The Met is an AP Euro toy box. There are so many works of art and artifacts on display that it is impossible to take it all in. If you’re a student of AP Euro in NYC, the Met offers an opportunity like no other to see history in the textbook with your own eyes.
There’s the suit of armor of Henry VIII of England:
Henry Tudor went from this:
There is also the parade armor of Henry II of France:
The extraordinarily ornate design of the armor is simply incredible, clearly not to be used in battle or even in jousts. Speaking of jousts, seeing the suit of armor of Henry II brings one eerily close to this monarch’s demise. Henry died during the celebratory joust after the signing of the Treaty of Cateau-Cambresis.
“Henri II, aged 40 in 1559 decided to organize a huge tournament for the celebrations of these two unions. During the hot day of the 30th of June 1559, the largest street of Paris was transformed in a joust place where population and nobles alike admired the finest knights jousting.
The Young lion will overcome the older one,
On the field of combat in single battle
He will pierce his eyes through a golden cage,
Two wounds made one, then he dies a cruel death.
( Century 1, Quatrain 35 )
Henri II’s wife, Queen Catherine de’ Medici fervent admirer and protector of the famous prophet Nostradamus had heard the predictions of threats against the royal family and the King in particular. Near the end of the tournament, while the crowd was already leaving, the chivalrous King Henri decided to show his valor by jousting. The Queen, feeling that only misfortune would come out of this urged her royal husband not too put his life at risk. But the monarch who had taken a lion as his emblem heard none of it and decided to joust with the colors of his mistress Diane de Poitiers.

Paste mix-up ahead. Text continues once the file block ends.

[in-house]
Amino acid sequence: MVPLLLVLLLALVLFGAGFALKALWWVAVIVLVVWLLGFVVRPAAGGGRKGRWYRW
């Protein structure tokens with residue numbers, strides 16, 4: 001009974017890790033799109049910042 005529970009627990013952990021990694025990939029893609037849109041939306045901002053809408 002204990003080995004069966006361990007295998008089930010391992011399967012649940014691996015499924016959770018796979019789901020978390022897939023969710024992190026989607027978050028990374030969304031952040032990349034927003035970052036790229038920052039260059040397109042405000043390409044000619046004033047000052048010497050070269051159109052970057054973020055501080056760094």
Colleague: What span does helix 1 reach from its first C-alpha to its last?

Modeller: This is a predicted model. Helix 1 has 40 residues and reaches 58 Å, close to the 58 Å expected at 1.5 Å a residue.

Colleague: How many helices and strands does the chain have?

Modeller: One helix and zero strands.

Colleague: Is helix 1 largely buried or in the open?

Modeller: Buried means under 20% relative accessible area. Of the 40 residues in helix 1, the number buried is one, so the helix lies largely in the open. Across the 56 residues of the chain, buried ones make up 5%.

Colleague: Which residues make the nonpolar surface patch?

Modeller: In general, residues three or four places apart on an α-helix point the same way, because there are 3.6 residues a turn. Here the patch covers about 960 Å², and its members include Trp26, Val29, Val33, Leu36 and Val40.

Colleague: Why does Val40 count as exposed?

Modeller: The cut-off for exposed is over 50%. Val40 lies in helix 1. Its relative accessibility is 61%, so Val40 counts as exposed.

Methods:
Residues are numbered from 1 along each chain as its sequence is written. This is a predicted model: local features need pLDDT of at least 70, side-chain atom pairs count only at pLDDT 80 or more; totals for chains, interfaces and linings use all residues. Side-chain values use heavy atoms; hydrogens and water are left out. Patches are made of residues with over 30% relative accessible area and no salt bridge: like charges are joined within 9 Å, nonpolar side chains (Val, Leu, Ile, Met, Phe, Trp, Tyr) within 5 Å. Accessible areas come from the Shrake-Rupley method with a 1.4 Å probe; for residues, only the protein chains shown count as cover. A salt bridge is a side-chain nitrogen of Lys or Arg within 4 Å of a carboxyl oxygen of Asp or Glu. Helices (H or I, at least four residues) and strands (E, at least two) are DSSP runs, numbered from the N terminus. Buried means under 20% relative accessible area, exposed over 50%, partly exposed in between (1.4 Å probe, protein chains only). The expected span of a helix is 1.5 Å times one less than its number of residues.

The opponent, Count Gabriel I of Montmorency, the captain of the King’s Scottish Guard also had a lion as his symbol. The young Count who was not very enchanted to face his sovereign had no choice but to joust. In a hurry, the monarch had not closed the visor of his helmet and de Montmorency’s lance ended in the eye of Henri II. A piece of the lance was even stuck in the King’s head and with him fallen on the ground, a general panic invaded the street. The best royal surgeon, Ambroise Paré ( whose work was a great improvement in surgery and anatomy ) was called to the side of the agonizing King. Soon after, Felipe II’s own doctor Andreas Vesalius arrived from Brussels to Henri’s side. Not knowing how to remove the piece of wood stuck in the head, Paré was authorized to reproduce the wound and train on the head of several men previously sentenced to death and executed for the occasion. Despite the horrible fate of these men and the work of two brilliant doctors, Henri II of France died ten days later the 10th of July 1559 after a long and terrible agony in the Hôtel des Tournelles ( actual Place des Vosges in Paris ).
Henry II’s shield is also on display:
The Metropolitan Museum of Art aka The Met is so gigantic and so filled to the brim with artifacts from every time and place that navigating this ocean of treasures of history is not a simple task.
The interactive map here will give you a general idea of where things are.
First floor (Technically not the ground floor, even though it is the floor where the main entrance off the street is, because you’ll walk up many stairs to enter the museum. It sure feels like the ground floor.):
As you can see from these screenshots of the two floors, Europe is right in the center of the museum.
Walking through the galleries from 600 to 644 on the second floor, you will clearly comprehend the stark changes that occurred in the world of painting over the course of a few centuries. From proto-renaissance to renaissance to baroque, romanticism and realism, classifications that for many high schoolers are a little more than vague, are clearly felt by the museum visitor as he or she switches from one room to the next.
If you live in NYC and are studying AP Euro, a visit to the Met is simply a must!
PS. Many are unaware that admission price to the Met (and many other museums in NY) are a suggested donation. You can give a quarter for the ticket to one of the greatest museums in the world.